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A Gem Across the River:
Washington County Art Museum
By Mary Bell
One Sunday in December, a friend and I ventured across the Potomac for an afternoon of art and music at the Washington County Museum of Fine Arts. Pleasingly sited on the lake in City Park in Hagerstown, the museum was established in 1931 by the Singer family, and it has been recognized as one of the finest small museums in the country. Its mission is to collect, preserve, interpret, and exhibit art of lasting quality for the citizens of Hagerstown, Washington County, and the surrounding region.
The museum's strength is that its professional staff is dedicated to its basic mission, and they understand what they can and cannot do. For example, on our lecture tour that Sunday, the Museum Director, Rebecca Massie Lane, characterized the Museum's European collection as “a cabinet of curiosities”, i.e. a hodgepodge of good quality donated items. This small collection is not displayed very well, and most of the paintings need a good cleaning.
The rest of the museum's collection, however, is well-organized and masterfully displayed in well-lighted, airy galleries. True to its mission, the collection emphasizes American works, regional artists and local subject matter. I was delighted to learn that the Museum features the works of currently working artists. The Museum is currently featuring the works of Philip Koch, who is on the faculty of the Maryland Institute of Fine Arts, and local Shepherdstown artist Diana Suttenfield will have an exhibition at the Museum opening with a reception on February 28.
The Museum hosts an excellent concert series, with performances at least monthly. On our recent visit, we heard the Kuznik Trio, comprised of members of the Maryland Symphony. While the trio had scheduled a program of Mozart and Mendelssohn, they instead played works by three little-known 20th Century Polish composers. We enjoyed all of the pieces, and it's unlikely we would hear them performed anywhere else.
The Museum's website: http://wcmfa.org No entry fee and free parking.
This web site is built with seniors in mind. It contains health and wellness information for older adults and is hosted by the National Institutes of Health.
The Medical Press web site features an article showing that training the elderly in social media improves well-being and combats isolation.
Heart Attack and Water - I never knew all of this ! Interesting.......
An offshoot of the sharing economy, virtual villages are popping up all over the country to offer older adults access to resources and social connections that help them age in place.
SAIL Installs 2015 Officers
Shepherdstown Area Independent Living (SAIL), installed new officers for 2015 at a meeting of its board members. The outgoing board was comprised of Carolyn Rodis, Hal Snyder, Judy Moore, James Stovall, Dan Van Bellegham, GT Schramm, with Vicky Thomas serving as president, Jack Young as vice president, Ted Walton as secretary, and Cris Kinsella as treasurer. The 2015 board is made up of members Vicky Thomas, GT Shramm, Dan Van Belleghem, Hal Snyder, Diana Eldridge and John Griffith, with Jack Young serving as president, Carolyn Rodis as vice president, Ted Walton as secretary, and Carl Moore as treasurer.
At the meeting, outgoing president Vicky Thomas reflected on the group's accomplishments since its inception in 2012. About a third of the organizations like SAIL close within the first three years. SAIL hasn’t closed. “We're growing!" she said. In fact, SAIL has almost tripled its membership since it started. SAIL began with approximately 26 members and now includes approximately 80 participants.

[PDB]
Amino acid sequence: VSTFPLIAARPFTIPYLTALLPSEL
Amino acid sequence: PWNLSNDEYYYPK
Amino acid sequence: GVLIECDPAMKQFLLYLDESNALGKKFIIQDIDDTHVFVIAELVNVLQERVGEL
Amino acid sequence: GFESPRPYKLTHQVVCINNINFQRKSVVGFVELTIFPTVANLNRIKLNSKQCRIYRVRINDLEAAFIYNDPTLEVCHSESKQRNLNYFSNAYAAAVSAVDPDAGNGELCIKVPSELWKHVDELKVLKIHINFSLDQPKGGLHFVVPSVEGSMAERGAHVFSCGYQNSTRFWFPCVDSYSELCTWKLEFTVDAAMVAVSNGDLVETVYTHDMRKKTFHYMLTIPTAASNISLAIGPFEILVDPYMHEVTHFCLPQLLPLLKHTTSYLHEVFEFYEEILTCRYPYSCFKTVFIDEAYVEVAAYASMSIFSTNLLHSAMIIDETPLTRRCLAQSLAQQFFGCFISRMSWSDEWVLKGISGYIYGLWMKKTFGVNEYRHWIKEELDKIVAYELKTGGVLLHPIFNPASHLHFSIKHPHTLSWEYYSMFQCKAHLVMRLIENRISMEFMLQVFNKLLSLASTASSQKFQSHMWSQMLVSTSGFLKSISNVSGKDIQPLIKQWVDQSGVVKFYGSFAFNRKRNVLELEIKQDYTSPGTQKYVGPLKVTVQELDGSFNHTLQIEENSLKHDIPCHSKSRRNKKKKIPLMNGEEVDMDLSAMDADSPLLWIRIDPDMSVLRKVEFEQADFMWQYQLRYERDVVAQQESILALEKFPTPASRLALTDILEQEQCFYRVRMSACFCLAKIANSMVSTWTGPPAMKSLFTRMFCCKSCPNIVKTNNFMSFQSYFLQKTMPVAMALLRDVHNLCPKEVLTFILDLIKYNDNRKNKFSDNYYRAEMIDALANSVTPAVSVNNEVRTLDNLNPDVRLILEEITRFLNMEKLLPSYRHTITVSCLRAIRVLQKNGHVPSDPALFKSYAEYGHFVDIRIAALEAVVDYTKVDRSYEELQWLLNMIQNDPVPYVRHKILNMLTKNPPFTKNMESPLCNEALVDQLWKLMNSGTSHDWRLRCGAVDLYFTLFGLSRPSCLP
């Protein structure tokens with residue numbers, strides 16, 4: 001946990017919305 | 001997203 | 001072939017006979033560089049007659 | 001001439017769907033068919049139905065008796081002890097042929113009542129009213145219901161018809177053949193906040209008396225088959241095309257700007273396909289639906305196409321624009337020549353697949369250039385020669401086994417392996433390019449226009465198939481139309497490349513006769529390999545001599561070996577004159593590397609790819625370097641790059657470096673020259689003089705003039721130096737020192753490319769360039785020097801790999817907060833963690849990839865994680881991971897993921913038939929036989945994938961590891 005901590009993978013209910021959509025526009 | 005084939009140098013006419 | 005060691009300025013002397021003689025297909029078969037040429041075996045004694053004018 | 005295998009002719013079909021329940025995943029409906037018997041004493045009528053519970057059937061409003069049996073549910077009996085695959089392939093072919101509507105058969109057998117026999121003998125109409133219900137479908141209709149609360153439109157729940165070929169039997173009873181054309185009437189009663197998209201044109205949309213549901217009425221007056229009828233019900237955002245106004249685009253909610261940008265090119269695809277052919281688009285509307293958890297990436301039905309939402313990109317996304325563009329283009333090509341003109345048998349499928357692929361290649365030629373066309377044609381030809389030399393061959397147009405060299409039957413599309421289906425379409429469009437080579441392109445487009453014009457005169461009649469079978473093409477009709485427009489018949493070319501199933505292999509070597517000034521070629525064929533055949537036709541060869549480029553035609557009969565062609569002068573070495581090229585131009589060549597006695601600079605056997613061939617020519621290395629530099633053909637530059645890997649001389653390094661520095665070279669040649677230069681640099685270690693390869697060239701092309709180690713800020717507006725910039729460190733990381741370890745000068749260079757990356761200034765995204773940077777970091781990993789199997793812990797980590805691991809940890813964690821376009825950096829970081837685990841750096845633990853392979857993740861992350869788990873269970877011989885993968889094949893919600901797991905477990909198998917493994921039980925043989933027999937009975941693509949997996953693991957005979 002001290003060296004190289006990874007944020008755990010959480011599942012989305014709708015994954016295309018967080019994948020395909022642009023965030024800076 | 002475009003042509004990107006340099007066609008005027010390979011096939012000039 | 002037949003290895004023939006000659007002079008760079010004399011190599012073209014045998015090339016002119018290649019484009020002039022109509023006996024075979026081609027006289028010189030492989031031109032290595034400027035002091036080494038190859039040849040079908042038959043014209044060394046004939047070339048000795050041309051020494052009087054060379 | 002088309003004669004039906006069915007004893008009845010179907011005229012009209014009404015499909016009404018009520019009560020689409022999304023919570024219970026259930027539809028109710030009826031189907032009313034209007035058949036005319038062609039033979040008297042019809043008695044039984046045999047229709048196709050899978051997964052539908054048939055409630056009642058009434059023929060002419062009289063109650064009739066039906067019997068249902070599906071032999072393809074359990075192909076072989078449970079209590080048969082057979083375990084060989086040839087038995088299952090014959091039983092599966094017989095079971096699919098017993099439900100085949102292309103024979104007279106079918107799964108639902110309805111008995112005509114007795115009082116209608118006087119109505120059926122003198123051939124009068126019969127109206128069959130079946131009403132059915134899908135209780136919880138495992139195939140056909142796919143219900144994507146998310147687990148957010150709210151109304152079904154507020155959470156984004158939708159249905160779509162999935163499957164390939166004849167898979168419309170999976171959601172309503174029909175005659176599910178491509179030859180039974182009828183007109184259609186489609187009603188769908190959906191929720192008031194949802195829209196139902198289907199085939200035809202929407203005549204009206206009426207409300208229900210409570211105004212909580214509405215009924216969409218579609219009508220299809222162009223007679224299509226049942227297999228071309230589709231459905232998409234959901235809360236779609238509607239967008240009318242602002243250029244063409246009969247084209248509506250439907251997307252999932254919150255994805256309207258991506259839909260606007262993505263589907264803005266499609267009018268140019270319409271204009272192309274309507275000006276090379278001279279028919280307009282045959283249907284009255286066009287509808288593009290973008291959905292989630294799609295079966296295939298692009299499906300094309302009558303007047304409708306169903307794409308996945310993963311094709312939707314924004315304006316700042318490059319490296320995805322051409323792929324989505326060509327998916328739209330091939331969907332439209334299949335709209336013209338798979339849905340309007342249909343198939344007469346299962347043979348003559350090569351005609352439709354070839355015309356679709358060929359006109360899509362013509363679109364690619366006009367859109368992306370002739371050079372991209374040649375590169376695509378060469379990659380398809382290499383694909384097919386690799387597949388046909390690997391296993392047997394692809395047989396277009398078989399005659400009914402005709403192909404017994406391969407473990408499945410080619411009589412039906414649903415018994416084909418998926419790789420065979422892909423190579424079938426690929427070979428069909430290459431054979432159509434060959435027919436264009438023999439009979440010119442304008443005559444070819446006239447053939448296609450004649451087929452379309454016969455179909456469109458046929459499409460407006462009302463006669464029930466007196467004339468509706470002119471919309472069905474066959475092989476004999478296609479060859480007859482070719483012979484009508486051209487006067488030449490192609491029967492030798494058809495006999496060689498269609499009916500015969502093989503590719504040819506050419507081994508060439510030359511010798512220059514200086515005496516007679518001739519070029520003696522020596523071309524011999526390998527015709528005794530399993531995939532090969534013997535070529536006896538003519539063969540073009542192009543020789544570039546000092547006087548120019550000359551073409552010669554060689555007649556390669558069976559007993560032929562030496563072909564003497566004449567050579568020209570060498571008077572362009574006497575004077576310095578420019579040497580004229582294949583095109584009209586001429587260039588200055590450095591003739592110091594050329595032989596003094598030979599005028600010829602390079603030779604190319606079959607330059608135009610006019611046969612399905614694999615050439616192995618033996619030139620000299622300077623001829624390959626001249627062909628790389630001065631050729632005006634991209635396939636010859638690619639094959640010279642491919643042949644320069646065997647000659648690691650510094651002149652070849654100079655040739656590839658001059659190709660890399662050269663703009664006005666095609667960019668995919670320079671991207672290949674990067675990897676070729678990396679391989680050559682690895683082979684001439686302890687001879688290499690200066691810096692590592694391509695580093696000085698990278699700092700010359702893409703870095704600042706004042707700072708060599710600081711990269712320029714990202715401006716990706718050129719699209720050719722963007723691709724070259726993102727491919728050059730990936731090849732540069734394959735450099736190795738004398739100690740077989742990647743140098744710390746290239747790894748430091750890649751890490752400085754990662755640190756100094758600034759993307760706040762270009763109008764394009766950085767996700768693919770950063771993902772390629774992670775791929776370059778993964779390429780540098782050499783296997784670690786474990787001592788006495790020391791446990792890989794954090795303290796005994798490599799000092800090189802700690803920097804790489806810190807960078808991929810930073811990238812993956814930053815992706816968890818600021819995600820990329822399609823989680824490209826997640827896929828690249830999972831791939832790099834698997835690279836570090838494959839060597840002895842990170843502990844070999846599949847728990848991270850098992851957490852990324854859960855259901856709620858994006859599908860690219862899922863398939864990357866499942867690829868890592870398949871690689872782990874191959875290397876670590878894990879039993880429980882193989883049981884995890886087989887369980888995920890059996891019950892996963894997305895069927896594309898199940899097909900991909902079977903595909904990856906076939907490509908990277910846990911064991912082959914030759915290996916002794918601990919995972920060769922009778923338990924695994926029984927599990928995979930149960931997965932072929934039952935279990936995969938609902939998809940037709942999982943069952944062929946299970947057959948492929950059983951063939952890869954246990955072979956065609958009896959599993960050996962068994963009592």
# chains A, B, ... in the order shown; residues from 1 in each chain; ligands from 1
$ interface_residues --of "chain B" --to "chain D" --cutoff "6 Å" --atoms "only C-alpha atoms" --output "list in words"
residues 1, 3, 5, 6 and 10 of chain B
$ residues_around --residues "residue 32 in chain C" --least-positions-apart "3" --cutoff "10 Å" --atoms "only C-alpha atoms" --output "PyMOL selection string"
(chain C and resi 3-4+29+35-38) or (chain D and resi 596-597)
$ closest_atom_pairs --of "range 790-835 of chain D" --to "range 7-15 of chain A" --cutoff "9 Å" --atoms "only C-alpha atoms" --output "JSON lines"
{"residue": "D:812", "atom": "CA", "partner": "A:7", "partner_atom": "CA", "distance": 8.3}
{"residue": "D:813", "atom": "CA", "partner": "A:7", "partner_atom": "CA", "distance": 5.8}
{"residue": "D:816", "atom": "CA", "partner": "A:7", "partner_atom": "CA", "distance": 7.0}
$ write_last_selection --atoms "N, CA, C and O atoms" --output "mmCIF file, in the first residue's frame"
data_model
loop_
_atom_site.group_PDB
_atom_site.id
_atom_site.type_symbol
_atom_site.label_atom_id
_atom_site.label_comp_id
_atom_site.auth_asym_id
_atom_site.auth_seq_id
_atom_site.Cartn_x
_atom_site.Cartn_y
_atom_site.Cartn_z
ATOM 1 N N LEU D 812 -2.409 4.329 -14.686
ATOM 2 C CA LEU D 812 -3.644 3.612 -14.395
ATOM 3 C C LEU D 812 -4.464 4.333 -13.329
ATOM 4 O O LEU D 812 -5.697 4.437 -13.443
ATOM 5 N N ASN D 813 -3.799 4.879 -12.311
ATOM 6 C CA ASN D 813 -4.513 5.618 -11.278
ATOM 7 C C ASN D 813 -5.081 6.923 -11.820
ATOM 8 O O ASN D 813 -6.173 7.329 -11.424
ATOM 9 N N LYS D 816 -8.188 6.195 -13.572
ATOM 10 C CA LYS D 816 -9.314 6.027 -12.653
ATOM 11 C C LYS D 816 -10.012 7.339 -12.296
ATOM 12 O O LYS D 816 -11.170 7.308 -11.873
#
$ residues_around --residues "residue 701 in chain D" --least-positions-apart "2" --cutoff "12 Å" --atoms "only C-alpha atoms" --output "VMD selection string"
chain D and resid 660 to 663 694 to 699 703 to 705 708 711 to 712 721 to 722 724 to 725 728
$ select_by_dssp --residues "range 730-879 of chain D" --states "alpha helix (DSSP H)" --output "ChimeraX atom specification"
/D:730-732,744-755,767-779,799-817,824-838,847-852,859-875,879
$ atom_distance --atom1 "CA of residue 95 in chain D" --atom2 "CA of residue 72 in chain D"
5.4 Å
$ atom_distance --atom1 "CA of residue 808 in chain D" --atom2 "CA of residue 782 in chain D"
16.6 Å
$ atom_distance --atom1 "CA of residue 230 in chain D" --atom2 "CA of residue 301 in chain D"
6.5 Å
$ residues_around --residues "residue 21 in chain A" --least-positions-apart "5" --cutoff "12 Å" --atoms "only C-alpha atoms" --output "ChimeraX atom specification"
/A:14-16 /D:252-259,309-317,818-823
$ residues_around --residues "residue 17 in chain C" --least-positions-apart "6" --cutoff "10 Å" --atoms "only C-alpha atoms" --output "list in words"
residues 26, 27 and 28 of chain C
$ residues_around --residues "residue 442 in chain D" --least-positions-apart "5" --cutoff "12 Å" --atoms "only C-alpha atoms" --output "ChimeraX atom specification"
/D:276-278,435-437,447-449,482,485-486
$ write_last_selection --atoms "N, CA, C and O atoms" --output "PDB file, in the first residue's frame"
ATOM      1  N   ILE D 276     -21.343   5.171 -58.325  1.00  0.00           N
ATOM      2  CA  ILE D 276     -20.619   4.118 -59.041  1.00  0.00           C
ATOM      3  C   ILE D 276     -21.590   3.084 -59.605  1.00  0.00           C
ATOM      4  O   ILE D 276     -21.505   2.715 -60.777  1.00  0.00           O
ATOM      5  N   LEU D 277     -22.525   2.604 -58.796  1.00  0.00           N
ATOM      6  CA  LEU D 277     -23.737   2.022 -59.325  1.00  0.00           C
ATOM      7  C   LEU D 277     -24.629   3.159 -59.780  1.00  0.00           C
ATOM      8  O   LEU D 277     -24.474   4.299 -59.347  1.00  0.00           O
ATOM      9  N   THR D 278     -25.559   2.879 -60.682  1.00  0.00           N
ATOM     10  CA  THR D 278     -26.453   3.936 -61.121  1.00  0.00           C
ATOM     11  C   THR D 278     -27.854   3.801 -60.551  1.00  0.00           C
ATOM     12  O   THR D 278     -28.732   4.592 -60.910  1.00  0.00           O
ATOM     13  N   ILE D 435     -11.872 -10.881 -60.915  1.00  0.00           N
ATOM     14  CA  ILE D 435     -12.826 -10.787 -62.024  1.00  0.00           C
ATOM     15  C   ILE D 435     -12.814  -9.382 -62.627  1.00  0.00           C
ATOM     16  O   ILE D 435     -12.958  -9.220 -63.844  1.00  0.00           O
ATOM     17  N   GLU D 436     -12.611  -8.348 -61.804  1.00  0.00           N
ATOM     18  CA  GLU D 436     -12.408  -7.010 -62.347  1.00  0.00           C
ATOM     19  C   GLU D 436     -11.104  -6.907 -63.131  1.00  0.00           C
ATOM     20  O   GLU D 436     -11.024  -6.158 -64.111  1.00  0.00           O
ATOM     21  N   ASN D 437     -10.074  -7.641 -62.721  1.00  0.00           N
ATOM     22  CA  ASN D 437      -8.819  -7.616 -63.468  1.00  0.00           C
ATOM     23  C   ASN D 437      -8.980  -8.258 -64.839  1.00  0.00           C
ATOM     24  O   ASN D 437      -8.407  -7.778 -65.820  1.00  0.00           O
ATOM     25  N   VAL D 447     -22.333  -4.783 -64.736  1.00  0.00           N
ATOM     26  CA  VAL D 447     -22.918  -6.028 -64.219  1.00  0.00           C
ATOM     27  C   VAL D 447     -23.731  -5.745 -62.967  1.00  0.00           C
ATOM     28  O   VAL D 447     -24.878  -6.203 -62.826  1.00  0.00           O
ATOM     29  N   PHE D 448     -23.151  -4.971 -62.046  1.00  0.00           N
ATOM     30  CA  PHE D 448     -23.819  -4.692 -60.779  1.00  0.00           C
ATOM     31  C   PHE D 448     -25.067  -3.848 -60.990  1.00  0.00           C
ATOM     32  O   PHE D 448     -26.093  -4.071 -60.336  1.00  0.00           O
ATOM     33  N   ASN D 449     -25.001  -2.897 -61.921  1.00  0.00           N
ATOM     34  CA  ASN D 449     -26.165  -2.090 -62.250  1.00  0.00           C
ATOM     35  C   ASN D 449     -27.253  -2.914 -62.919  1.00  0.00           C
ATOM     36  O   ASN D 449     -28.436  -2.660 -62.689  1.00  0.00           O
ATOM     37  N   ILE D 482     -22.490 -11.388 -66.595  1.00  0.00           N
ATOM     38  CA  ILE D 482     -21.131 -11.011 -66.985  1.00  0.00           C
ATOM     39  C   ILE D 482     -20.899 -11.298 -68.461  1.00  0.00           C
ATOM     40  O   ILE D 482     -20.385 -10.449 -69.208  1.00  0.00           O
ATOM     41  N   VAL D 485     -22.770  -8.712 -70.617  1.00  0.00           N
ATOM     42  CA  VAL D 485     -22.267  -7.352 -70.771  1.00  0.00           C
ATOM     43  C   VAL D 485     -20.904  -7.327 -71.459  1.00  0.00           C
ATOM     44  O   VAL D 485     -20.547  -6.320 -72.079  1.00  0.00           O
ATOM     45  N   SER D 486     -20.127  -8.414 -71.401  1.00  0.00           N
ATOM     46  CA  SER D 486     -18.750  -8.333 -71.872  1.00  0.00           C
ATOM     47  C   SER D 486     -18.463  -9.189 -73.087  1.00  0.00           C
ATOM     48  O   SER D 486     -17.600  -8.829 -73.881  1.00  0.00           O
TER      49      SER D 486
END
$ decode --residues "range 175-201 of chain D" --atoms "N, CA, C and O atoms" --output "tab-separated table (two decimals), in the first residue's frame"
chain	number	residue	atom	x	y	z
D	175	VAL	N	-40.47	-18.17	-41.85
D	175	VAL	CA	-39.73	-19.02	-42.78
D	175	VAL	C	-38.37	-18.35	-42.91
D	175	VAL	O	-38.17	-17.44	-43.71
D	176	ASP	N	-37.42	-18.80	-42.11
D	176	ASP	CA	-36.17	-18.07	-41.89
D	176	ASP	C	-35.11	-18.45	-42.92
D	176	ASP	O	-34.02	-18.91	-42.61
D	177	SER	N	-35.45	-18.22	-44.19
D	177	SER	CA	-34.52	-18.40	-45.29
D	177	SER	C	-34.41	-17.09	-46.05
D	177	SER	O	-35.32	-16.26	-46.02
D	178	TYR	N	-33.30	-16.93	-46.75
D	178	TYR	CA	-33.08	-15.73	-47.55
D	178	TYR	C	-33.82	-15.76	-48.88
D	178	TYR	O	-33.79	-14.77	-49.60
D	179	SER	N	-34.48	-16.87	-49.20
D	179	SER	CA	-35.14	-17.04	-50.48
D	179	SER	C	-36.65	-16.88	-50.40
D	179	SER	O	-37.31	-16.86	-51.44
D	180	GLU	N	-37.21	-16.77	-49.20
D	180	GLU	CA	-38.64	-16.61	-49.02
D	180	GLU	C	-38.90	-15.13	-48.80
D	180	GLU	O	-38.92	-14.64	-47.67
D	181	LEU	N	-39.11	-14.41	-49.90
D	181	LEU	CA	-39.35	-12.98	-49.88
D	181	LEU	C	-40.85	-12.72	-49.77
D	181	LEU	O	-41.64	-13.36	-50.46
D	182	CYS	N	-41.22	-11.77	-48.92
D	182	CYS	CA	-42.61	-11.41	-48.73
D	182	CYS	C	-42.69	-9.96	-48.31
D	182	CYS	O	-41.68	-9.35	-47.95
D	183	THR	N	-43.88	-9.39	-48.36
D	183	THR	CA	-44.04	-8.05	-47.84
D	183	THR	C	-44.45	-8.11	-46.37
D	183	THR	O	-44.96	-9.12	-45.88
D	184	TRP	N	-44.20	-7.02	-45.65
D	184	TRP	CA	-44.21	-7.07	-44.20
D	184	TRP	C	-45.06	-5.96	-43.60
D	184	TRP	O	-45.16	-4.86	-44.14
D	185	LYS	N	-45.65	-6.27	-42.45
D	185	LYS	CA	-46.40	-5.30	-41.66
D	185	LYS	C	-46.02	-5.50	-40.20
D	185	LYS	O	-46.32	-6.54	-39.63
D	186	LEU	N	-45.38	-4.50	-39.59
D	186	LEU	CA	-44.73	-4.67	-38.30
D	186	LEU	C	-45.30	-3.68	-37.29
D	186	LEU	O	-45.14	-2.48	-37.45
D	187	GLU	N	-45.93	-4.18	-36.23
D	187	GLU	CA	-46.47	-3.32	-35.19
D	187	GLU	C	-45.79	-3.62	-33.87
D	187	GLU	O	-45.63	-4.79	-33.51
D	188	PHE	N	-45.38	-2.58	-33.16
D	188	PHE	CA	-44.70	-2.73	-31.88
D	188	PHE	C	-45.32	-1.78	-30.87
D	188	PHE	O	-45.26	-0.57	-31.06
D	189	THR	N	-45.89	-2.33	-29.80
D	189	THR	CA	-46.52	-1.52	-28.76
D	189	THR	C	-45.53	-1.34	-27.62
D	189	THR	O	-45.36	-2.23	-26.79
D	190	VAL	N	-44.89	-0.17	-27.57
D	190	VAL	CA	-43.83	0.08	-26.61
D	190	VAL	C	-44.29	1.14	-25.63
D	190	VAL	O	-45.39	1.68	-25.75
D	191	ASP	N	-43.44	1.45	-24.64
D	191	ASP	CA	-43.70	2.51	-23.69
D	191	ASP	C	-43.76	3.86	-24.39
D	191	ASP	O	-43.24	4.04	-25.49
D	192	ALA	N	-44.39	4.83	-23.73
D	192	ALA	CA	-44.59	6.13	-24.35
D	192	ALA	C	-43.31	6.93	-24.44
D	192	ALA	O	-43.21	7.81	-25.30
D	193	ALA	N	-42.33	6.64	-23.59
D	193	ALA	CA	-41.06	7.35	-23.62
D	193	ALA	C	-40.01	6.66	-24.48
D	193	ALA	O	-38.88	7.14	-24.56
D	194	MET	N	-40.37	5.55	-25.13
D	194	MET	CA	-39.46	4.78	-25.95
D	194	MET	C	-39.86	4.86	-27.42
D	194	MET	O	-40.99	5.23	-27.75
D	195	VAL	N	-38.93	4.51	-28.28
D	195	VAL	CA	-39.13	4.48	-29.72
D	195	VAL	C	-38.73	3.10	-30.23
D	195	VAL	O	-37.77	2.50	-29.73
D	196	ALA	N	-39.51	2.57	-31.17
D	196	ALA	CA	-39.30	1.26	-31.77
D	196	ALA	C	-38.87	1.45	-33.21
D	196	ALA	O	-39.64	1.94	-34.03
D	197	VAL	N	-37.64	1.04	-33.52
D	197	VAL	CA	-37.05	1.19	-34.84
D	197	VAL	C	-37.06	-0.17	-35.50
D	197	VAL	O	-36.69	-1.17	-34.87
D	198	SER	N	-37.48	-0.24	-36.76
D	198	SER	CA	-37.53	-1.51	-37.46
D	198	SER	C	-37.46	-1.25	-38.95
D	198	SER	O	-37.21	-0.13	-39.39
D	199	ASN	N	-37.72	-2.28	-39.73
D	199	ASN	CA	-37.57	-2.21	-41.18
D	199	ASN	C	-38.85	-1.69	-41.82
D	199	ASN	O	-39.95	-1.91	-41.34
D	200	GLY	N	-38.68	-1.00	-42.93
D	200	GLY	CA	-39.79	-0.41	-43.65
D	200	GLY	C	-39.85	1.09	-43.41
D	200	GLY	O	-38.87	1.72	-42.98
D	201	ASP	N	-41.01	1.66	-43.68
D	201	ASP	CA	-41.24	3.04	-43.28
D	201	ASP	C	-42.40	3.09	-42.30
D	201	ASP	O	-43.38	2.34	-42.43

SAIL was the first "village" of its type established in the state of West Virginia. As Thomas explained, SAIL's purpose is to sustain quality of life for area residents as they age by providing community support and various services and resources. "I think Shepherdstown's really special and I don't want to go to a retirement community because they're all very far from here," she said.
In a letter to outgoing president Thomas, Jack Young described her as "one of the visionaries who first dared to consider the possibility." Thomas said that SAIL has work ahead in continuing to pursue its mission. "It's still a young organization. It still has a lot to do." Particular emphasis continues to be placed on addressing the many challenges older residents face in terms of transportation. "It's a really big thing for people like us," she said. "I look back at all the ideas we have had, all the people who have been central to this organization's beginning. Members and board members who are no longer in town or in SAIL, early volunteers, the ministerial association, Good Shepherd's staff and board members, the current and former members-all are in my thoughts," Thomas said in her final president’s report. "So, let's have a wonderful year."
More information about SAIL can be found by visiting www.shepherdstownSAIL.org or by emailing info@shepherdstownSAIL.org.
Award at Friday Brown Bag Lunch
At the regularly scheduled Friday Brown Bag Lunch, Board Member Ted Walton presented SAIL member Eucice Earle with the SAIL Raffle prize. It was
a beautiful watercolor painted and donated by SAIL member Marian Buckner. Marian is a renowned artist who has exibited widely. Her local
showings have included juried venues at the Bridge Gallery and the Martinsburg Arts Center.
Pot Luck Dinner
On Friday, January 30, SAIL hosted its annual Pot Luck Dinner to celebrate Ground Hog Day, The event was held at the Trinity Episcopal
ChurchFellowship Hall and was attended by approximately 40 people including the newest member John King. Good food and convivial conversations
were acompanied by a lively "trivia" challenge.
Our thanks to Jack and Avery Younis who helped with the party arrangements as a part of their high school community service activity